I just spent an hour baking a prototype Dewey Fairchild cupcake. I dumped it though. You’ll never taste it. I’ll tell you why. Because I can’t bake just a single cupcake. I’m a baker. I bake a dozen. Maybe half a dozen. No sooner had I taken the Fairchild out of the oven to cool for you to taste, I panicked in that way I do. What if I want to open a bakery and make a Dewey cupcake or a Wolfie cupcake or a Clara, Colin, Seraphina or Pooh Bear one, and I baked just a single cuppiecake never considering how the rest of the batch needed to turn out? I just tossed a cupcake into the trash right now, and in doing so, may have salvaged the future of some other cupcake’s destiny. It’s possible, you know. Don’t rush me. I gotta rethink the whole Fairchild cupcake now. I don’t want to reveal too much, but I just dumped a perfectly dense, delectable, tender, stick-to-the-roof-of-your-mouth marbled chocolate and vanilla cupcake with the tiniest dancing flecks of salt into the garbage, and I think those of you who read Dewey Fairchild will know soon enough why that would have been a disaster of a choice come the day I want to open a bakery of my own and have a cupcake called Wolfie. Clearly, he’s a black and white! I don’t know what I was thinking. Clearly, I wasn’t. I had my nose straight in the batter. Close call.



About the Author
Lorri Horn is an educator and an author. She has a degree in English, a teaching credential, has been Nationally Board Certified, and has taught pubic school for over 14 years. She loves cheese (and wants it to be its own food group, which made working on a vegan book a challenge), humor, baking, books, and spending time with her family. Lorri’s background as a career schoolteacher and instructional leader make her especially sympathetic to the needs and perspectives of children, and this sensitivity features in her work as an author. Lorri blogs on her website,lorrihorn.com. Her work has appeared in The Los Angeles Times, The Huffington Post, Phi Delta Kappan, The College Board and Mayim’s Vegan Table. Lorri lives in California with her husband, son, and their dog, Wolfie.




About the Illustrator: Agnieszka Grochalska is an illustrator living and working in Warsaw, Poland. As a child she wanted to be an astronaut or a jet pilot. Eventually she changed her mind and dedicated her keen eye and steady hand to drawing precise and detailed compositions reminiscent of classical storybook illustrations.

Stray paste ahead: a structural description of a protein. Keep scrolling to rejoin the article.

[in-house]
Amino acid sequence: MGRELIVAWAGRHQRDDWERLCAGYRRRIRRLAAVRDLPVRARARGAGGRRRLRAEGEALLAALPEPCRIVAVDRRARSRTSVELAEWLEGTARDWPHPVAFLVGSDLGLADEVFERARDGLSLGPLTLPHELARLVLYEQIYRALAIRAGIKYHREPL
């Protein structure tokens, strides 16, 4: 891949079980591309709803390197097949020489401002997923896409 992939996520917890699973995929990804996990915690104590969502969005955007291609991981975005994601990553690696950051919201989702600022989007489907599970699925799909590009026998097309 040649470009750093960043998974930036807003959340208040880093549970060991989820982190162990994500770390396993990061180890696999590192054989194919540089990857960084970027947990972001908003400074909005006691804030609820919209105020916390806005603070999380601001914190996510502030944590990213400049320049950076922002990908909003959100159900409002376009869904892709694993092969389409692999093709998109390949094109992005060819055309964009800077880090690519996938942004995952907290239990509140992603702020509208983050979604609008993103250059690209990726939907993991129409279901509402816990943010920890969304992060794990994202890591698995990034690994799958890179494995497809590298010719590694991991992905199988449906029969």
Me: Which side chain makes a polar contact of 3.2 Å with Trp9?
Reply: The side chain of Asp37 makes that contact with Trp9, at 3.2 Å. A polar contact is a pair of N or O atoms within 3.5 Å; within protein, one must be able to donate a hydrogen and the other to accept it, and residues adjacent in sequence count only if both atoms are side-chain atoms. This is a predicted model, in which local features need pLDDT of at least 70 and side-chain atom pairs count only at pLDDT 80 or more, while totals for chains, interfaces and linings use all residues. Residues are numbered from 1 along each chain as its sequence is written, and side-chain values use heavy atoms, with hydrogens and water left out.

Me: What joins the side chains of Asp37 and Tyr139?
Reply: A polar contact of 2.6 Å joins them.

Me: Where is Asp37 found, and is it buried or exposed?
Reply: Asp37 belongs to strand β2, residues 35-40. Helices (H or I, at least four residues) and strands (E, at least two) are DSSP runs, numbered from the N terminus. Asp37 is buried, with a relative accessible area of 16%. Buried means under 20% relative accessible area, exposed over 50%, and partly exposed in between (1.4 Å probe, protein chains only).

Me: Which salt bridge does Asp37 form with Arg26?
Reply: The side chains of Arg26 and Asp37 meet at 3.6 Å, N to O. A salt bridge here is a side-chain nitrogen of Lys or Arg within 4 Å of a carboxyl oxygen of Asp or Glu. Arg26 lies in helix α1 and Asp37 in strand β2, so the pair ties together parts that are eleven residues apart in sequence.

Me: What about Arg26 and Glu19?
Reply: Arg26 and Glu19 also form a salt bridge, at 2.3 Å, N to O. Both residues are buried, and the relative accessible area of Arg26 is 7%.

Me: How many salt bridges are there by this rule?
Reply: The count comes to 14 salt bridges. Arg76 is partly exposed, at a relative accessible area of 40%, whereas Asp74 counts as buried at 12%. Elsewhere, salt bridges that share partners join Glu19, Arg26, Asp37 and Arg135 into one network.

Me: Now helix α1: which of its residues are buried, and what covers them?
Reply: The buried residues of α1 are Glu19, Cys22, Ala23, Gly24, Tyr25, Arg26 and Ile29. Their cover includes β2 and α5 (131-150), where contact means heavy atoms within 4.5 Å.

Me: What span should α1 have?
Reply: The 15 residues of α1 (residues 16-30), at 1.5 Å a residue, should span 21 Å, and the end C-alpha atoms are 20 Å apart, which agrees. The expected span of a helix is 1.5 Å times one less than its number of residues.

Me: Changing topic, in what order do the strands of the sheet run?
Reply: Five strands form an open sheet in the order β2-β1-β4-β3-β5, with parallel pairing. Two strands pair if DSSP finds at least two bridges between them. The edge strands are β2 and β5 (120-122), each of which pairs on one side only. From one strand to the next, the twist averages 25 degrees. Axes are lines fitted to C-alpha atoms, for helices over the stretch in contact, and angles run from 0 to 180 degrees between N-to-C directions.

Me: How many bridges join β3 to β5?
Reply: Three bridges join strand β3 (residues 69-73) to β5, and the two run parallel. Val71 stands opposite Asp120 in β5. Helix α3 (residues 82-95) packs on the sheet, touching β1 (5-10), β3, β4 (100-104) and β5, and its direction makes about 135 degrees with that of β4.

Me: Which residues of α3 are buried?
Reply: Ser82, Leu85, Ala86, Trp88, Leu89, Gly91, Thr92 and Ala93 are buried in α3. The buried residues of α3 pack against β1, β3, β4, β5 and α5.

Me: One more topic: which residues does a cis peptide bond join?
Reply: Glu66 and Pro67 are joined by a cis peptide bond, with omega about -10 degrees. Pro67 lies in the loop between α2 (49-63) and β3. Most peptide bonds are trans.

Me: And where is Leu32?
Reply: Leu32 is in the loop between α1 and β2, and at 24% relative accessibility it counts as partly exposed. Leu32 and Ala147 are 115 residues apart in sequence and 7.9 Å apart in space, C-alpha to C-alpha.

She received a MFA in Graphic Arts in 2014, exploring traditional painting, printmaking, and sculpting along the way. Currently she works predominantly in digital medium, striving to make it look as natural as her works drawn traditionally. Her illustrative works were featured in group exhibitions both in Poland and abroad.
Agnieszka enjoys travel and cultural exchange with people from around the world, referencing those experiences in her works alongside the Slavic folklore of her homeland. When she isn’t drawing or traveling, you can find her exploring the worlds of fiction in books and story-driven games.
Agnieszka’s works can be viewed in her online portfolio at agroshka.com.


Enter to win a Dewey Fairchild, Parent Problem Solver themed prize pack!
One (1) winner receives:
  • A copy of Dewey Fairchild, Parent Problem Solver, by Lorri Horn
  • A Dewey Fairchild themed gift pack. Includes items such as cookies, gum, notebooks, pens/pencils, Tootsie Rolls, Monopoly game etc.

Giveaway rules:
  • NO PURCHASE NECESSARY.
  • Enter between 12:00 AM Mountain Time on August 1, 2017 and 11:59 PM on August 31, 2017.
  • Open to residents of the fifty United States and the District of Columbia who are 13 and older.
  • Winners will be selected at random on or about September 3, 2017.
  • Odds of winning depend on number of eligible entries received. Void where prohibited or restricted by law.
Prizes provided by Amberjack Publishing.

a Rafflecopter giveaway

TOUR SCHEDULE

The Children's Book Review
8/1
Teacher Dance
8/2
Jrsbookreviews
8/3
Word Spelunking
8/4
To Read, or Not To Read
8/7
Satisfaction for Insatiable Readers
8/8
icefairy's Treasure Chest
8/9
Tales of A Wanna-Be SuperHero Mom
8/10
ShootingStarsMag
8/11
LitPick Student Book Reviews
8/14
The Fairview Review
8/15

3 comments:

Lisa Maucione said...

This book sounds funny. I think kids will be amused.

Danielle H. said...

I love the premise of this book and how the author ramps up the tension by making the trouble parents Dewey's own parents. This will be fun to read.

David McMullin said...

What a fantastic idea. I look forward to reading this one.